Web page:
This post originally appeared on the blog Kirsten’s Kaboodle.                         

Growth mindset for kids has been buzzing like a swarm of bees through the education field in the last couple of years. If you are familiar with or have training in this area, you already understand its potential to change students’ lives. For those of you who need a refresher or are new to growth mindset for kids, I’ve put together 10 things you need to know. Much of this information comes from Mindsets in the Classroom by Mary Cay Ricci, and The Growth Mindset Coach by Annie Brock and Heather Hundley, and online research. Once you begin to grasp the potential power of growth mindset in the classroom, this information will reign supreme.

These books are must haves for any classroom teacher interested in helping students understand growth mindset concepts. Please refer to The Growth Mindset Coach by Annie Brock and Heather Hundley and Mindsets in the Classroom by Mary Cay Ricci.

1. What is growth mindset?

Students who exhibit a growth mindset believe that, despite obstacles and challenges, a person can develop abilities and achieve goals through motivation, hard work, and practice. On the flip side, a fixed mindset is the belief that talent and intelligence can’t be changed despite dedication and hard work. Thanks to Dr. Carol Dweck, who published Mindset: The New Psychology of Success, we are better able to understand mindset concepts.

2. Timing Matters

Like I mentioned in this post, research indicates that children feel less and less capable of achieving success as they get older. In fact, by the time students reach third grade, nearly half of them don’t believe that their brain and intelligence can grow or change. They believe that their intelligence is fixed regardless of their effort to change it. This is a stark contrast to the 10% of students in first grade who believe their intelligence is fixed. In two short years, nearly 40% of all students lose faith in their own abilities. This is argument enough to make growth mindset concepts an integral part of every classroom!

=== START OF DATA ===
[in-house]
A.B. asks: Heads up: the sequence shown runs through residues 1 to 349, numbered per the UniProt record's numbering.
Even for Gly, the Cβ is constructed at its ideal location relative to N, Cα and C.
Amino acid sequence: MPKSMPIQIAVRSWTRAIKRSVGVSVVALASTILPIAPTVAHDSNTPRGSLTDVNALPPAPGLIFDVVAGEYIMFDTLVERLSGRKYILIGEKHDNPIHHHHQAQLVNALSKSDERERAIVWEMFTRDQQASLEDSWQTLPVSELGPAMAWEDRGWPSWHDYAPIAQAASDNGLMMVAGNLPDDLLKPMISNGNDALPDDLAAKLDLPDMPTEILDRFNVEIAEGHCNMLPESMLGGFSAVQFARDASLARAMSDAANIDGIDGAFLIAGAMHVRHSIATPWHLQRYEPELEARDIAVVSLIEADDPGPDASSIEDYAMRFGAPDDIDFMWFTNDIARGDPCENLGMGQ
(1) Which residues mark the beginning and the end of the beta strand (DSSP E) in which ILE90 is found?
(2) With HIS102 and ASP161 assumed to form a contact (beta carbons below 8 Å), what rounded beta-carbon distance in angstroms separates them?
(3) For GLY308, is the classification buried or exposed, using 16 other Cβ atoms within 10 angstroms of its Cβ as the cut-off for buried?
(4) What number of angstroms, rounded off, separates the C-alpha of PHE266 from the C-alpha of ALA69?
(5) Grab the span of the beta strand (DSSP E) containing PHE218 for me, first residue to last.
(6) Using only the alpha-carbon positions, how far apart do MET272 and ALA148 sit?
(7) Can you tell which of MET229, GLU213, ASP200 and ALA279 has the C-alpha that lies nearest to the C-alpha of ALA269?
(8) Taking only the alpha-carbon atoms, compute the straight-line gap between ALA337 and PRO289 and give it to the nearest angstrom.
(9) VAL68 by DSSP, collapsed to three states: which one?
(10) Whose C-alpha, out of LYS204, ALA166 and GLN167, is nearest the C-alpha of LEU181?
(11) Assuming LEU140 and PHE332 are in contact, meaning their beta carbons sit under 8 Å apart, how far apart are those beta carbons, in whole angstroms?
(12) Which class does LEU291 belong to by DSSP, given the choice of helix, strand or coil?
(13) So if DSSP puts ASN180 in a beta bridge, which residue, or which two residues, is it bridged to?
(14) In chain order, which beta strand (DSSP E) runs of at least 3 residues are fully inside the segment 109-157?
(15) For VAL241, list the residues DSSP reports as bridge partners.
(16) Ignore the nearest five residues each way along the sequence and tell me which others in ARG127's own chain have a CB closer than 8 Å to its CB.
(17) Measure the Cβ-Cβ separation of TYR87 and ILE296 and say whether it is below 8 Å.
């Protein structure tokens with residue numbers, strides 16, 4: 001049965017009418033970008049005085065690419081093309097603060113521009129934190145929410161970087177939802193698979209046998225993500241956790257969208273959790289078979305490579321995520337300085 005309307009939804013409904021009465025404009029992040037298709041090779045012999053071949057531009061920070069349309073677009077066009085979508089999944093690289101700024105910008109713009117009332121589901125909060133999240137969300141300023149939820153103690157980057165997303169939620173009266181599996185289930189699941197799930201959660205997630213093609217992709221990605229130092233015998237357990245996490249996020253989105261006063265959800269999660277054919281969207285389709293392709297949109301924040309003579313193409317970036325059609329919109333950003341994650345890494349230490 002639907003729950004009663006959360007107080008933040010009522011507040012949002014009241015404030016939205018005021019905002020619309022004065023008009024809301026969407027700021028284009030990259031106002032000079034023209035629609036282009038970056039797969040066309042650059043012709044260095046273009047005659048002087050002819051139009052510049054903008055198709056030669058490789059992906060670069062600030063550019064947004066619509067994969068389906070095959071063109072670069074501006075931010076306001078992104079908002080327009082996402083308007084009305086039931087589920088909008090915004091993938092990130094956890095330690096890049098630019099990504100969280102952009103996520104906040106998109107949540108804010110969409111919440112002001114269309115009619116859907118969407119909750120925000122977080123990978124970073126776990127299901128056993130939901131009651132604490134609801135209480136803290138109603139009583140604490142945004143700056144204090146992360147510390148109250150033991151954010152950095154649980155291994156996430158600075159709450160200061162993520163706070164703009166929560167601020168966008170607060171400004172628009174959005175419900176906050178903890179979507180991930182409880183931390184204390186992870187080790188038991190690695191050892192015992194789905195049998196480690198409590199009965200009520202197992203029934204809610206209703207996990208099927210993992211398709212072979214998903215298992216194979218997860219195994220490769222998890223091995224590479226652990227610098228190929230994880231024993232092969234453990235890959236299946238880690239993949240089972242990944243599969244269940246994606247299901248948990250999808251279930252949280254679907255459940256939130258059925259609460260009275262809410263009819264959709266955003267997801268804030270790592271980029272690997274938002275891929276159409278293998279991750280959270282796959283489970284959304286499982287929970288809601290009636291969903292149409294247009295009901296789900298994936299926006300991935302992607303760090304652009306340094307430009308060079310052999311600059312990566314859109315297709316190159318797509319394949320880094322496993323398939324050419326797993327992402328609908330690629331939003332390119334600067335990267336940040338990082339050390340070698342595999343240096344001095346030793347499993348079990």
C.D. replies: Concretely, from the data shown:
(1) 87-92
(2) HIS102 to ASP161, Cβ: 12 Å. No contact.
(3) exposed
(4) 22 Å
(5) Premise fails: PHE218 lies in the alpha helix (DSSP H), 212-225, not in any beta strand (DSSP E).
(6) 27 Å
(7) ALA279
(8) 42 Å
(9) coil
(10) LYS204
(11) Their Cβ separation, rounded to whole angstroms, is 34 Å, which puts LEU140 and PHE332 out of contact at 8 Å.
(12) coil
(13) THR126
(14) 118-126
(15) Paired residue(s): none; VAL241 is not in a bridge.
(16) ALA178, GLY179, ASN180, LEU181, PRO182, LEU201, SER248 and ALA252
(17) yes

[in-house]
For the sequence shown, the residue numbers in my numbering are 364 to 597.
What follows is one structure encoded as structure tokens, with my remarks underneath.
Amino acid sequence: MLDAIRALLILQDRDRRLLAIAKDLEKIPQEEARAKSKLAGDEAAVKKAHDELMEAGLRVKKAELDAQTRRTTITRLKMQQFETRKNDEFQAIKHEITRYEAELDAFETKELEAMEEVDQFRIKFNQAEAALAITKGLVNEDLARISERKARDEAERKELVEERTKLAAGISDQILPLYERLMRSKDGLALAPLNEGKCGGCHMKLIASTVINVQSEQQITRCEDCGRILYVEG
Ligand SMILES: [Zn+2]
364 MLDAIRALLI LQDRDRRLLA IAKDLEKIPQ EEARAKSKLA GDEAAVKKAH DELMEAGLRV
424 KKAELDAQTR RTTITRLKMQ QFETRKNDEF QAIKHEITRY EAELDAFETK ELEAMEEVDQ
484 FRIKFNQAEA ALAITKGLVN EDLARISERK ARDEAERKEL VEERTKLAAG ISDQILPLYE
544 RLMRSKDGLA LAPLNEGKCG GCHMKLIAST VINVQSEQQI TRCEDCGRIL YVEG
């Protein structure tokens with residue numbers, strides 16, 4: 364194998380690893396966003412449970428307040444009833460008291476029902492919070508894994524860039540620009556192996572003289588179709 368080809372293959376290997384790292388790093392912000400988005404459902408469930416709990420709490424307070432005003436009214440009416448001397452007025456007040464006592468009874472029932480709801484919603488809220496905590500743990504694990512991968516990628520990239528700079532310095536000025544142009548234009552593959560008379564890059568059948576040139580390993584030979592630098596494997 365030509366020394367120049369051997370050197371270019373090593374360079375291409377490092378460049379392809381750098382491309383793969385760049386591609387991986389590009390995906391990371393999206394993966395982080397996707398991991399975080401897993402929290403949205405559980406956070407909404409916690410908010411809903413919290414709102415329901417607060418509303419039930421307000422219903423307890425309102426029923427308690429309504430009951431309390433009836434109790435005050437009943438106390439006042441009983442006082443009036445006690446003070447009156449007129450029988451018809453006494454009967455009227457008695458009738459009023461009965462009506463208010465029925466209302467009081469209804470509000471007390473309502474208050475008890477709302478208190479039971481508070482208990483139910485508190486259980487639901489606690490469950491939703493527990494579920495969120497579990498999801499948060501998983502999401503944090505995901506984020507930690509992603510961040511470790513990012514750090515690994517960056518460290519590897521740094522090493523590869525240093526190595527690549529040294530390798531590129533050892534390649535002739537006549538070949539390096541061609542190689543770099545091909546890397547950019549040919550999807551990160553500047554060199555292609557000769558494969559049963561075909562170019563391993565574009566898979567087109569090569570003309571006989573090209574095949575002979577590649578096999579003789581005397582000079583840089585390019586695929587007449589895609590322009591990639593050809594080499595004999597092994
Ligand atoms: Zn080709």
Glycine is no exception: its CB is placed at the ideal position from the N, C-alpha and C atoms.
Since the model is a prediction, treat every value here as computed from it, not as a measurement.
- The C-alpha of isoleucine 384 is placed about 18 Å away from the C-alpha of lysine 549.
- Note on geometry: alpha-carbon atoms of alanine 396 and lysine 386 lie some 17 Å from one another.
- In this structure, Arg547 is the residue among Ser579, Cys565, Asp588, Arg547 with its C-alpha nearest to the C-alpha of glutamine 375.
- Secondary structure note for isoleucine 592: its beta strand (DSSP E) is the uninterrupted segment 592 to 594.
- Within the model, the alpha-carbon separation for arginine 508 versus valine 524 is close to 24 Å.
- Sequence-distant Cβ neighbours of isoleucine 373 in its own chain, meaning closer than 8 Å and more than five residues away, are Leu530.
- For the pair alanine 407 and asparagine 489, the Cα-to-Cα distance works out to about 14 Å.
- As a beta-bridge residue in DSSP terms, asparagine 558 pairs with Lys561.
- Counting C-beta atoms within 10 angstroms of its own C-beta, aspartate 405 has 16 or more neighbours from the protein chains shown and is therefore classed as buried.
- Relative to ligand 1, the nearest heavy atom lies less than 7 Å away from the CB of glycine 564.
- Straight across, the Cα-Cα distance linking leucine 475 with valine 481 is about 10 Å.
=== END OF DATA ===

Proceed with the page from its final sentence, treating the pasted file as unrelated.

3. Reevaluate the Things You’ve Been Taught

Most teachers were trained to believe the “bell curve” mentality as it relates to intelligence. When teachers accept this assumption, they automatically categorize students as more capable or less capable than their peers. Do you have a list of low, middle, and high students in your class? Do you believe that all of your students can succeed? It takes work, training, persistence, and perseverance, but the answer is a resounding YES! Research shows us that lowering standards for “low” students is detrimental to their future success (and their mindset). Educating your students about growth mindset concepts is absolutely transformative in perceived self-worth, intelligence, and capabilities. It also happens to blow this bell curve to the curb!An old school way of viewing intelligence is represented by the bell curve. Growth mindset research tells us that people have unlimited potential, since the brain continues to develop and grow throughout a lifetime.

4. Your Beliefs About Your Own Intelligence Impact Your Students

Do YOU believe that YOU can achieve anything through hard work and dedication? What is the most difficult course you took in college? Could you be a professor in that subject area? I’ll be honest. I struggle with this myself. Though I can confidently say that I wholeheartedly believe in growth mindset concepts, I am petrified to face challenges that “aren’t my thing”. Can you relate? Even though I’ve never believed I could possibly understand HTML codes, I could, ahem, well, I could (maybe)…. okay, I COULD be an expert in HTML coding. Merely typing those words (though my body shuddered) shifted my mindset a little bit. Maybe if I say it over and over again, I will actually start to believe it. The point is that, as teachers, we must reflect on the perception we have of our OWN abilities.

5. The brain IS malleable.

No, really, it’s true. The physical structure of the brain and its neural connections can actually BE CHANGED as a result of experiences, new learning, and memory formation! This isn’t some foo-foo statement that growth mindset proponents want you to believe; it’s a FACT! The ability of your brain to grow and change is called neuroplasticity. Neuro refers to neurons, or nerve cells, which are the building blocks of the brain. Plasticity refers to the malleability of those nerve cells. Research even reveals that when there is damage to the brain, healthy parts of the brain can actually take over the function of the part that was damaged. With effort and dedication, everyone has the ability to rewire and strengthen neural connections in their brain! ((YELP!)) Isn’t that exciting? I think so, too!

6. Mistakes are FANTASTIC!